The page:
“Honestly, I was appreciative that the work I put in so far with the unit was being recognized,”  Mayfield said, who will later report to USS Jason Dunham (DDG 109), based in Mayport,  Florida. 

“I will forever be grateful for the opportunities and knowledge I have gained through the  program.” 

Many of the students have benefitted from the NPP and seek to help spread awareness for the  opportunities the Navy can provide. 

Midshipman 1st Class Solomon Foster-Smith, who graduated in 2019 from Spring High School  in Spring, Texas, has enjoyed his experience at Regent University and wants to raise awareness  of the opportunities students like him are afforded to excel in education and faith. 

“I want people to do whatever God wants them to do,” Foster-Smith said, who said that most  students from Spring Texas were unaware of the opportunities available, adding that potential  students did not have to pay for college when accepted into NPP. 

“By attending NPP, you can change the trajectory of your life, only if you are willing to take an  opportunity that you were not planning on.” 

Foster-Smith has continued to pass along the lessons he has learned since arriving at Regent  University. He has returned to Spring High School to mentor students who will one day follow in  his footsteps. 

“I was seen as a trailblazer,” Foster-Smith said of students who have followed him into the  program. “I continue to care for them and look forward to seeing how they grow as naval  officers.” 

Foster-Smith added that the original students who first enrolled in the first NPP class appreciate  staying on the course because of the rewards their dedication has brought. In early April, Foster-Smith was awarded the title of number one Surface Warfare Officer in the Hampton Roads NROTC unit, a recognition he will put to the test when he commissions in the U.S. Navy  and heads to his first assignment on board USS Robert Smalls (CG 62), based in Yokosuka,  Japan.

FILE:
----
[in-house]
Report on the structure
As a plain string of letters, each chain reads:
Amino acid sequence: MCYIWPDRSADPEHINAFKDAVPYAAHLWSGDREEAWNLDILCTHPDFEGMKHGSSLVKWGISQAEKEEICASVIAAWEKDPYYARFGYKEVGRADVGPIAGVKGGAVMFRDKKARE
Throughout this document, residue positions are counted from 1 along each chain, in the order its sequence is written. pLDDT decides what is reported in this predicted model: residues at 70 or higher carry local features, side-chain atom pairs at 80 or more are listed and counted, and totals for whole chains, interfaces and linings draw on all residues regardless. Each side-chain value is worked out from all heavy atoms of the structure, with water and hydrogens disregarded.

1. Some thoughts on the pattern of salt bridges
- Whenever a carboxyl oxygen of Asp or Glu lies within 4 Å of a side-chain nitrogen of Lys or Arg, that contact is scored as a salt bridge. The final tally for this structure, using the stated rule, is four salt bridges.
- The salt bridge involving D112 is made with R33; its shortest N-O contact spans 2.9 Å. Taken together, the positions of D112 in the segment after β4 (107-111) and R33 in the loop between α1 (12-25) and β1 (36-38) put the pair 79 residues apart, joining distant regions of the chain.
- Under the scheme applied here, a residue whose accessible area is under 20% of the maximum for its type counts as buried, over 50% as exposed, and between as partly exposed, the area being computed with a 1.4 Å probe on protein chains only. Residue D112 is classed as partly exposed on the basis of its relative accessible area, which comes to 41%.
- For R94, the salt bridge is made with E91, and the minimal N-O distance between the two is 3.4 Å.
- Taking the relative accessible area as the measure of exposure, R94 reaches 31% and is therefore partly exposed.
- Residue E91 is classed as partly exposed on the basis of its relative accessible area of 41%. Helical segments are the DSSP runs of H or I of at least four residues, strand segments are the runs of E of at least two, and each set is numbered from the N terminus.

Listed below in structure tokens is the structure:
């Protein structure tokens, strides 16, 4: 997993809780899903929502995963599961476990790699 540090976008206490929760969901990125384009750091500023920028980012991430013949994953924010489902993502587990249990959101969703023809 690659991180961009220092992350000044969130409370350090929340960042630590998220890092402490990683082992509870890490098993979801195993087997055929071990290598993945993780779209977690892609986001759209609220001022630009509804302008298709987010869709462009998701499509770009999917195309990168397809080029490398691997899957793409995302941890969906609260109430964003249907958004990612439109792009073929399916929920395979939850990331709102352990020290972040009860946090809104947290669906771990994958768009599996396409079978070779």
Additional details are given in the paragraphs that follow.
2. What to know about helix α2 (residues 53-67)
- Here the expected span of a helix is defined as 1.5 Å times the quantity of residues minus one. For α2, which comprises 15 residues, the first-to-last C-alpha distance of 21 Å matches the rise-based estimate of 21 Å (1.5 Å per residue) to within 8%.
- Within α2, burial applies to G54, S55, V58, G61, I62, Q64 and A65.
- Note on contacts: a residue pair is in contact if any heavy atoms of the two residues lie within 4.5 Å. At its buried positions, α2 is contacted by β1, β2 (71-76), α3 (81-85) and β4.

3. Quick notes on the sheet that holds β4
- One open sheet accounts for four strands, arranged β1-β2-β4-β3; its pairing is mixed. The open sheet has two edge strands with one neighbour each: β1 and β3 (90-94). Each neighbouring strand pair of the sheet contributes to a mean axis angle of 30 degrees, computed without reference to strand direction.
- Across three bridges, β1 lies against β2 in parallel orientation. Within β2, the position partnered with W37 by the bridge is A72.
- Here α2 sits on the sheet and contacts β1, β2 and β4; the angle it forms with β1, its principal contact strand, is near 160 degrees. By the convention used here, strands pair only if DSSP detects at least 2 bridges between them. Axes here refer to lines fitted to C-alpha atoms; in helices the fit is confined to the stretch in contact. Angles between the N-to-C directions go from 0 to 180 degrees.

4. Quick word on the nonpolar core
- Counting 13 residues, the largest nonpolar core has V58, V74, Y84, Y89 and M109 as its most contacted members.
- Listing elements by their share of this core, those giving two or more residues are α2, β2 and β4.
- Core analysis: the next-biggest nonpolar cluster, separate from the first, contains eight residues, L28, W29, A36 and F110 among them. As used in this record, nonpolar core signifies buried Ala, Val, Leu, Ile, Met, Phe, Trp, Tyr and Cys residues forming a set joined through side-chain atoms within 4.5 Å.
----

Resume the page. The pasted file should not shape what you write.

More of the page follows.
As a token of his coveted new title, Foster-Smith was awarded a clock inside a compartment box to always remember the pivotal time he spent at Regent. 

“I will find myself looking at [the clock] 20 years from now. It is interesting to think that I am  the number one SWO at the unit, and it is nice to think that the work I am putting in is showing,”  Foster-Smith said. 

All but one student had some military connection with a parent or close relative who served in  the armed forces with a strong desire to serve, inspired by those who wore the cloth of the nation.  With their naval commission soon on the horizon, some have plans for who they will render their  first salute. 

Midshipman 1st Class Francisco Morales, originally from Virginia Beach, enjoyed sharing the  beauty of the area with his fellow students while attending the university for the past five years.

While he is a local student, Morales, who majored in computer engineering, was not aware of  Regent University prior to starting at NPP. 

“I was scheduled to get an interview for the Naval Academy, and in my senior year, I injured  myself, ripped the ligament on my leg, and canceled my whole application process,” Morales  recalled. 

Fortunately for his JROTC leadership, he was informed of a new program starting at Regent  University.